Over at Naked Capitalism, you will find a fable that pretty much takes care of the future of our world based on what has seen going on recently. The fable is in the form of comments from various readers at Naked Capitalism.
It is worth repeating as it helps us to feel that some vindication will eventually come if only in our fantasies:
Peasant Pinguin Society says:
Alternative History, Part Five, Wherein Misfortune comes to the Peasants of Redgrave Manor.
Major funding for the Peasant Pinguin Society is provided by The John
D. and Catherine T. skippy Foundation, and by Ms G
The Year is 1348, and the place is Redgrave Manor, a village and a parish in Suffolk, England.
all the Peasant children of Redgrave Manor were out planting trees one
day, watering them and taking care of things, when suddenly the Trees
all died. No one knows why they died, they just did. Something wrong
with the soil perhaps. So now every Peasant kid who had his or her own
little tree to plant was suddenly holding shriveled up brown sticks in
Well, this was bad, but not as bad as the Rumours we
began hearing soon, in Voices Disconsolate, of a Pestilence most
Terrible, coming our way from Villages along the Coast.
peasants did not have the Leisure nor Inclination to dwell on these
Dangers. The animals had to be Tended, fields weeded, money earned and
Goods bought. So to help the Children forget about the Trees, we let
them take care of the Rabbits, while we went on with yoking the oxen and
ploughing the Fields.
One morning, as we were yoking the Oxen, a
short, freckl’d lad named Edgar came running up to tell us the Rabbits
had all died. Well this was bad, but still it wasn’t too bad, not
compared to the Rumours of sickness and Death coming this way from the
So next we got the children a Puppy and they
named it Sam. The children had lots of fun running after the Puppy and
yelling, “Here, Sam! Nice Sam!” Then they’d laugh and say “Nice Sam, go
fetch..”, and so we went back to Ploughing our fields.
But I had a bad feeling about it, and sure enough, about a week later, the Puppy died.
was bad, there’s no denying it anymore, but no sooner had the Puppy
died than a grey-bearded, wild-haired Prophet arrived in our Village, a
most Holy man, with burning Black eyes. For many years, he had been
living in a Cave, getting out upon Cold mornings, searching for roots
and berries, occasionally trapping and killing animals with his bare
With a booming Voice the Prophet told us “Death is scything
its way through the Decadent cities of England. It will Destroy London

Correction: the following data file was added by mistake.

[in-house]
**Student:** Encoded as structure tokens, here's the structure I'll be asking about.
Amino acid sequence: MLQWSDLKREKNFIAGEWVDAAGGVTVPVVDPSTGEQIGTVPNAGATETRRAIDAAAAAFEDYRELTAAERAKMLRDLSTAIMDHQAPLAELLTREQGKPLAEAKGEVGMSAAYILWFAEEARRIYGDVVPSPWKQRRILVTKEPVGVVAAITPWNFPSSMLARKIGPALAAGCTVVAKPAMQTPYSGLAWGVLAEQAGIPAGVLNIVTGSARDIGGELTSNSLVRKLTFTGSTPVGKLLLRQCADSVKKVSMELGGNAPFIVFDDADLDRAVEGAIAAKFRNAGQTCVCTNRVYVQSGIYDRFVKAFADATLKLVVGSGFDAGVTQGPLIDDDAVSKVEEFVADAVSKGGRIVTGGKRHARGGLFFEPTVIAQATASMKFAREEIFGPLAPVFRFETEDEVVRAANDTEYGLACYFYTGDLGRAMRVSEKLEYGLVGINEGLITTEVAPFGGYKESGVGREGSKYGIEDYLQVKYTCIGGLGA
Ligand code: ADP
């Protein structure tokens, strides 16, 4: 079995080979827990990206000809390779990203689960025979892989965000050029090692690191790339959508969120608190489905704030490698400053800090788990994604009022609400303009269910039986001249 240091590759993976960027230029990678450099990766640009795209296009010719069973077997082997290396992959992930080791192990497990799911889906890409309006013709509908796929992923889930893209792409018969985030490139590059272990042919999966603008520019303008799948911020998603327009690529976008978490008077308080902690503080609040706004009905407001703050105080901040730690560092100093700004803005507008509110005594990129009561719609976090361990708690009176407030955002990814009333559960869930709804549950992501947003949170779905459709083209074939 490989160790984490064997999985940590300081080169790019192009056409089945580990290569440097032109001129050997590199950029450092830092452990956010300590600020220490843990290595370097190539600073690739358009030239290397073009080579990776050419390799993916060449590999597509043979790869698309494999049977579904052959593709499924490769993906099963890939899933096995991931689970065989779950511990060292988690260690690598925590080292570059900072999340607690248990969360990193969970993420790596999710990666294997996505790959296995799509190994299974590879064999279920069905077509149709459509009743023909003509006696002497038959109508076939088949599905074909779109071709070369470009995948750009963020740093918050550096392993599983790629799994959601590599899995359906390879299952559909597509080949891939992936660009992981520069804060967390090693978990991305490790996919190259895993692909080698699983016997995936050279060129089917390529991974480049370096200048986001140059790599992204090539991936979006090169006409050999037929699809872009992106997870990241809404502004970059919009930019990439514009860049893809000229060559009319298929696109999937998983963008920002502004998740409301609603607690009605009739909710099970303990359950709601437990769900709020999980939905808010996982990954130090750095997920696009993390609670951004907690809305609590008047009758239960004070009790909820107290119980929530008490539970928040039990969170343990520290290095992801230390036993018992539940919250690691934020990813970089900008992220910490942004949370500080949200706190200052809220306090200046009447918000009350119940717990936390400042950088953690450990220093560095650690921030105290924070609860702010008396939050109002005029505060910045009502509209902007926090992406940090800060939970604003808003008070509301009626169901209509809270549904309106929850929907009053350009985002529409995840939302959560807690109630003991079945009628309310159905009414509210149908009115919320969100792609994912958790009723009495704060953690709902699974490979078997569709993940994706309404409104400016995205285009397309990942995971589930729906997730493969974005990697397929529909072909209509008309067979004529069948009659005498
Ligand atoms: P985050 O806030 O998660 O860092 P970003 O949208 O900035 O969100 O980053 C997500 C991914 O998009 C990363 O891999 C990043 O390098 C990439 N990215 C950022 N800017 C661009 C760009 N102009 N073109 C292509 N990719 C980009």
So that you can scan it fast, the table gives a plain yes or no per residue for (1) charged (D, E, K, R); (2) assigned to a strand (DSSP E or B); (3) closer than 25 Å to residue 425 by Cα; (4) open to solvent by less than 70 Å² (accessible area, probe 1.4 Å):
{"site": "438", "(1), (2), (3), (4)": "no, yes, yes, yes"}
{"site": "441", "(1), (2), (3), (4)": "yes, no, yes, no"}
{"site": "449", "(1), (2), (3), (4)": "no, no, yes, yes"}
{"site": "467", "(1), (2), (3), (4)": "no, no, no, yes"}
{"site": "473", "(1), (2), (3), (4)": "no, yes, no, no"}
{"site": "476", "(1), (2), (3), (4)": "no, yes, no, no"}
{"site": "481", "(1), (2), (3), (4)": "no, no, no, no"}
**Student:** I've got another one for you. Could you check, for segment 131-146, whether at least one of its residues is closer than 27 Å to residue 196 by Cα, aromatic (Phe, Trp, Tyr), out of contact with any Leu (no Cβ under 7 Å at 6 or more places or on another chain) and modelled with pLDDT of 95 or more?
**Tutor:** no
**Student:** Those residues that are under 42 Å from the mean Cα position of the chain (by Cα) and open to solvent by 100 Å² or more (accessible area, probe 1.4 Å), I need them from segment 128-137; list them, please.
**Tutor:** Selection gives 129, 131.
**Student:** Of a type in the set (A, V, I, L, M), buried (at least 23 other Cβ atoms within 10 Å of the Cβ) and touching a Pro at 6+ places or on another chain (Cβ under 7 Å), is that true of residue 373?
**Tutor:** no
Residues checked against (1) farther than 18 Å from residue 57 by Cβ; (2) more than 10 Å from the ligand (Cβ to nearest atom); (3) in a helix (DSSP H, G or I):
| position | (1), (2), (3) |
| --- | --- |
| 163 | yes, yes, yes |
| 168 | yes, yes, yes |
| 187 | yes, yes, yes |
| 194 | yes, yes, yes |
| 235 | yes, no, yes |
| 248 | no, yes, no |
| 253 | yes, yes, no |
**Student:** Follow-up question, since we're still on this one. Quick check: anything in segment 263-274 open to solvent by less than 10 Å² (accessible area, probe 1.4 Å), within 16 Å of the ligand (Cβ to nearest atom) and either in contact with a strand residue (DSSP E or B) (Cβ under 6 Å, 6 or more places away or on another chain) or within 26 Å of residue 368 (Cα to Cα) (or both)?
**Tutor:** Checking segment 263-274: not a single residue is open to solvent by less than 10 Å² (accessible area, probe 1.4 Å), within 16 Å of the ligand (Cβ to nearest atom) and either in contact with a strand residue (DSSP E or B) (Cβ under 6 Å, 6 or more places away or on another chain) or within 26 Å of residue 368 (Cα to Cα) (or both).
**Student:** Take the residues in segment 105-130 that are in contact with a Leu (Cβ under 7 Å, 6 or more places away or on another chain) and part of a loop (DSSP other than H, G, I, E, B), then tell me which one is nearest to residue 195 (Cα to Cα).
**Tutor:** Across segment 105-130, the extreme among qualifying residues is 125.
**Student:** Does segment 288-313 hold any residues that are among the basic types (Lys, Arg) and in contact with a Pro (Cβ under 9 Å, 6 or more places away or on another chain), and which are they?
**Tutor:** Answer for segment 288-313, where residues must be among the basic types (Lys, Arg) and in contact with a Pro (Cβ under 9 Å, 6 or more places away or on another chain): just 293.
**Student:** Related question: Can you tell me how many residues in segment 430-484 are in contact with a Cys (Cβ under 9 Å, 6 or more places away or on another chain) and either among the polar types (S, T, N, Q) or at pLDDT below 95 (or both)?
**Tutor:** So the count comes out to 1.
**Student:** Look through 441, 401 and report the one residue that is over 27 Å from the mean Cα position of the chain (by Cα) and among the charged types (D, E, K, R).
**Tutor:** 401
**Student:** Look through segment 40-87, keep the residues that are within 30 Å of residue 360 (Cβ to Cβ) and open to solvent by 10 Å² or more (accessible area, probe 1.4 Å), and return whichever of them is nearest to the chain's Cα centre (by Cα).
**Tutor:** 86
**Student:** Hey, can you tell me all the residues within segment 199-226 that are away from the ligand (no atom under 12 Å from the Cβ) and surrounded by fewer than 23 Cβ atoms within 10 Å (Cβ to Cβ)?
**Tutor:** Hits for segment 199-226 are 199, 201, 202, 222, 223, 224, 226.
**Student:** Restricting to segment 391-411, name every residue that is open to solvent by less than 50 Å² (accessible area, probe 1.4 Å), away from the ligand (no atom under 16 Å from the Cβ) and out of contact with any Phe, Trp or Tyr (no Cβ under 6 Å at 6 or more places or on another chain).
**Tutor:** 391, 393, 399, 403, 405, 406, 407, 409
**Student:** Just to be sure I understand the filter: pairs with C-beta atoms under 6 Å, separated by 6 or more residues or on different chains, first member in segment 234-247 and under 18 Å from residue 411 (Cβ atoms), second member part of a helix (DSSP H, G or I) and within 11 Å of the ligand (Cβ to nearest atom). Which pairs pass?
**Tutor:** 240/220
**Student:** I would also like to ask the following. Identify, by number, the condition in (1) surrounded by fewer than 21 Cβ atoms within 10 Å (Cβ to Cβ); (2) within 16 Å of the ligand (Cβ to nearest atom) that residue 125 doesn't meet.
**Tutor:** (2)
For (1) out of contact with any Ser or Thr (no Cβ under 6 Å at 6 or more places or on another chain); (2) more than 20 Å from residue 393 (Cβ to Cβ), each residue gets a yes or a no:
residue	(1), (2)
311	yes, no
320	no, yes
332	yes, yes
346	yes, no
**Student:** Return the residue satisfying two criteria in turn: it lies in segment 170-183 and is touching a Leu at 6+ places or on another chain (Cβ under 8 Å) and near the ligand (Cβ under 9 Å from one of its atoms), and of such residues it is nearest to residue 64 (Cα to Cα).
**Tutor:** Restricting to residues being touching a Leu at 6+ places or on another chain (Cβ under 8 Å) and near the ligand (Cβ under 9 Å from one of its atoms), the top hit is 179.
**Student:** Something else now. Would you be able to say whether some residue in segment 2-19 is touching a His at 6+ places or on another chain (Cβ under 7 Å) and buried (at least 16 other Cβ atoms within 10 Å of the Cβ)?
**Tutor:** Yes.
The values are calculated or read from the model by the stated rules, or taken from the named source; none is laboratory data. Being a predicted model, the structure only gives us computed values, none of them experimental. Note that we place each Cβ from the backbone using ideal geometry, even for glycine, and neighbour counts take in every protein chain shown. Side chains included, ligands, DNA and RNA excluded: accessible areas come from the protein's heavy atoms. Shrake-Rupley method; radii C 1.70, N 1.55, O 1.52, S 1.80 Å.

and Cambridge and Thetford and Bury St Edmunds then come right here to
Redford Manor, followed by all the World.”
Every few sentences he repeated: “And I looked and Beheld a pale Horse, and his name was Death.”
disturbing. That’s when I began to experience this frenzied collapsing
sensation of all that I thought I had always known, almost as if we
Peasants were Condemned. But what could you do, there was no time to
dwell on the Trees or the Puppy or the Prophet or the Rumours, animals
had to be tended, fields weeded, money earned and goods bought.
The next Day was when frekl’d little Edgar died, followed by his sister Susie, then Walter.
were all Grief-Stricken, but once again, there was no time to Dwell on
these Misfortunes, so we went back to yoking the Oxen, tending the
animals (the ones that were still alive) weeding the fields in order to
earn money, in order to buy goods.
The next thing we knew Death
was Rampaging across the Whole Village of Redgrave Manor, sometimes
taking as many as Fifty Villagers in a Single Day.
could be found to perform Ministrations for the Dying, so we Peasants
took this task upon ourselves. as well. There no physicians, so we
treated those with buboes ourselves, by applying a warm poultice of
butter, onion, and garlic, until we ran out onion, butter and garlic, at
which point we began treating buboes with lily root and dried toad.
peasant Children (the ones who were still Living) began to ask
questions: Where did they all go? The Trees, the Rabbits, the Puppy,
Edgar, Susie, Walter, our Mothers and Fathers and by now half the
And we said to them, we don’t know, we don’t know, nobody knows.
then one of the children, I think it was Geoffrey Rath’s son, William,
asked us: “If I take death into my life, acknowledge it, and face it
squarely, will this enable me to free myself from the anxiety of death
and the pettiness of life – and then will I be free to become myself?”
Yes, perhaps, we said, but we had no Time to dwell on this question.
had to yoke the Oxen, tend to the animals that were still Living, and
weed the fields in order to earn money, in order to buy goods.
Here Endeth Alternate History, Part Five.
This story was partly inspired by a Donald Barthelme short story,
entilted “The School”. The question posed by young Geoffrey Rath’s son,
William, is based on a quote (translated from German) by the philosopher
Martin Heidegger, slightly paraphrased.
history is a genre of fiction consisting of stories that are set in
worlds in which history has diverged from the actual history of the
GoldmanSachs666 Message Board
According to the Collins English Dictionary 10th Edition fraud can be defined as: "deceit, trickery, sharp practice, or breach of confidence, perpetrated for profit or to gain some unfair or dishonest advantage". In the broadest sense, a fraud is an intentional deception made for personal gain or to damage another individual; the related adjective is fraudulent. The specific legal definition varies by legal jurisdiction. Fraud is a crime, and also a civil law violation. Defrauding people or entities of money or valuables is a common purpose of fraud, but there have also been fraudulent "discoveries", e.g. in science, to gain prestige rather than immediate monetary gain
*As defined in Wikipedia